A pleasure within pain

Sym Mendez reflects on their recent Nest Residency

STEP 1: You have absolutely nothing to prove to anyone. Here is your formal written permission to just exist within your lived experience.

These were the words I wrote to myself on the very first day of my Hatching residency at The Nest. Choosing to explore something so intimate as chronic pain as a performer and movement artist is relatively new to me. So used to over or under explaining myself – I could never unpack this layered experience in a way that best suited me until having a studio, space, time and freedom to do so here at The Nest, within my Space Odyssey. Being at The Nest – a place with access rooted within its infrastructure – was the first time I didn’t have to think about doing anything other than simply exploring. When I removed the imposter syndrome, fear and guards around my artistry, pain and practise- there was suddenly enough space to stretch into the fullness of my creative potential.

My first step within this journey was to ask where my pain lies – what does it say? I worked my way through and down – slowly – acquainting myself with deep knots and aches, conversing with dormant corners of myself. I held my body with a level of compassion that I didn’t have the space to do previously.

I was accompanied by two books throughout my 10 days of residency: The Body Keeps The Score by Bessel A. van der Kolk and Sacred Pain by Ariel Glucklich. I used these texts to unearth a deeper understanding of my own pain, where it comes from and how I also use pain for transcendence. Do these things contradict one another – and have I internalised beliefs around my pain that exacerbate suffering? Once I could gauge for myself the different avenues of pain that make up my embodied existence – I was curious to speak with other artists and movers about their chronic pain too (which Talking Birds happily financed so that the conversations wouldn’t become extractive or exploitative).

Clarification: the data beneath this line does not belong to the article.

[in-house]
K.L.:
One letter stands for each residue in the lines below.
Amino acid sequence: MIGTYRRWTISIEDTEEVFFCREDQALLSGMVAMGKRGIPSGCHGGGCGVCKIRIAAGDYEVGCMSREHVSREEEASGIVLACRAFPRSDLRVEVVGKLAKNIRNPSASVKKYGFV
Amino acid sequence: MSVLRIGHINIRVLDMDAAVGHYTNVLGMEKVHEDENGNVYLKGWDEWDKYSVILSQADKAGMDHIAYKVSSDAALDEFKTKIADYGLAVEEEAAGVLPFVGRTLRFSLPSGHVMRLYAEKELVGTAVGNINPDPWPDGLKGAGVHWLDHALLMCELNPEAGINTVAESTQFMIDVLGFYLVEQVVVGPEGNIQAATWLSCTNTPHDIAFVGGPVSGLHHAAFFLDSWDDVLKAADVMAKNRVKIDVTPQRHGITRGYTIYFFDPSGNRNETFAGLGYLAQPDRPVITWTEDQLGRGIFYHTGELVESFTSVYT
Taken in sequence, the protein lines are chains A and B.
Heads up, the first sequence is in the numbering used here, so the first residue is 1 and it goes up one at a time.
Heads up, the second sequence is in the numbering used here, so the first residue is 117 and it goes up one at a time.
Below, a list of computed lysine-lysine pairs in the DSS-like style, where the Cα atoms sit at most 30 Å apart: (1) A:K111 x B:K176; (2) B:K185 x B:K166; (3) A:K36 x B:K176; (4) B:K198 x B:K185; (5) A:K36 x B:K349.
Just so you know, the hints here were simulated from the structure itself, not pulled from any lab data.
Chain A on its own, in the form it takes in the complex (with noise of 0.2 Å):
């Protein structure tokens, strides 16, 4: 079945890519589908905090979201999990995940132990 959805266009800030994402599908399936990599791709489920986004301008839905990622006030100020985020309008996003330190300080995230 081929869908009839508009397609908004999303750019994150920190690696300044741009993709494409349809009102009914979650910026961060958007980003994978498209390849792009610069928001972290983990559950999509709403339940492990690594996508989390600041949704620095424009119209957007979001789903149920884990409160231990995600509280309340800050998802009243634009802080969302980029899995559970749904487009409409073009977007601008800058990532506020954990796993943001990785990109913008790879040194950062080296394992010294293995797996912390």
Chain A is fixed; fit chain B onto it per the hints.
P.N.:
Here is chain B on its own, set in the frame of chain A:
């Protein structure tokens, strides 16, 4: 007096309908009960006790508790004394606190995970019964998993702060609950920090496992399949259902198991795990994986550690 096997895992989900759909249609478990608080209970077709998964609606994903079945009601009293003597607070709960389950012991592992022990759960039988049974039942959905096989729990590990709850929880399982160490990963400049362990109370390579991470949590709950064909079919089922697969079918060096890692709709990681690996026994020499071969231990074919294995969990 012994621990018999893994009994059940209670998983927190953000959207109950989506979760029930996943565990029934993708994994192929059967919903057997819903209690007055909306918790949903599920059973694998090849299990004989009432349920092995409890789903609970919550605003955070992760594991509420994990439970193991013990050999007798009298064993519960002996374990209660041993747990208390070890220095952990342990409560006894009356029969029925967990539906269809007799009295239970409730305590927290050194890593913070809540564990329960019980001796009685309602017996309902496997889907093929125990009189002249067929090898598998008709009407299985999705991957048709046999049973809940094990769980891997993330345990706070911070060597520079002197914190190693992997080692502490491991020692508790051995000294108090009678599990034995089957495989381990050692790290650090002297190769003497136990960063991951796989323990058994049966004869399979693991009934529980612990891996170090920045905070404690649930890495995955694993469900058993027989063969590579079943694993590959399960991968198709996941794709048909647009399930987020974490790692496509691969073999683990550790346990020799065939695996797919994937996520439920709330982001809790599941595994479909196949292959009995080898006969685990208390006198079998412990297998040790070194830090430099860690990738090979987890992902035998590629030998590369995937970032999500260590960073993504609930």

Knowing where to start with questions, thoughts and prompts to present to other artists proved more difficult than expected – does speaking about my own spiritual beliefs and thoughts on transgenerational pain undermine the experiences of others? How do we speak honestly without re-traumatising each other? How do I speak without assuming our experiences are universal? – and it wasn’t until the end of my first week that I finally had some semblance of a structure.

Conversations with other artists really enabled me to formulate my own thoughts, and from thoughts into potential performance. Topics such as crip time, grief, shame, internalised belief systems and movement/ motion beyond the physical body helped me to simplify all of the questions buzzing around my mind and begin to create something that speaks to the depth of my experience.

Having the safety and support of Talking Birds and The Nest gave me the ‘permission’ to create without rigid expectations, to dive in whilst knowing I won’t drown, to hold a gentle and nurturing space where it is impossible to do anything other than play and create without restriction. Who knows when this piece will fully come to fruition. What I do know is that I can leave my residency with the understanding that I have the capacity to create something enriching. I have ideas I can persevere with when I’m afforded the privilege of resource.

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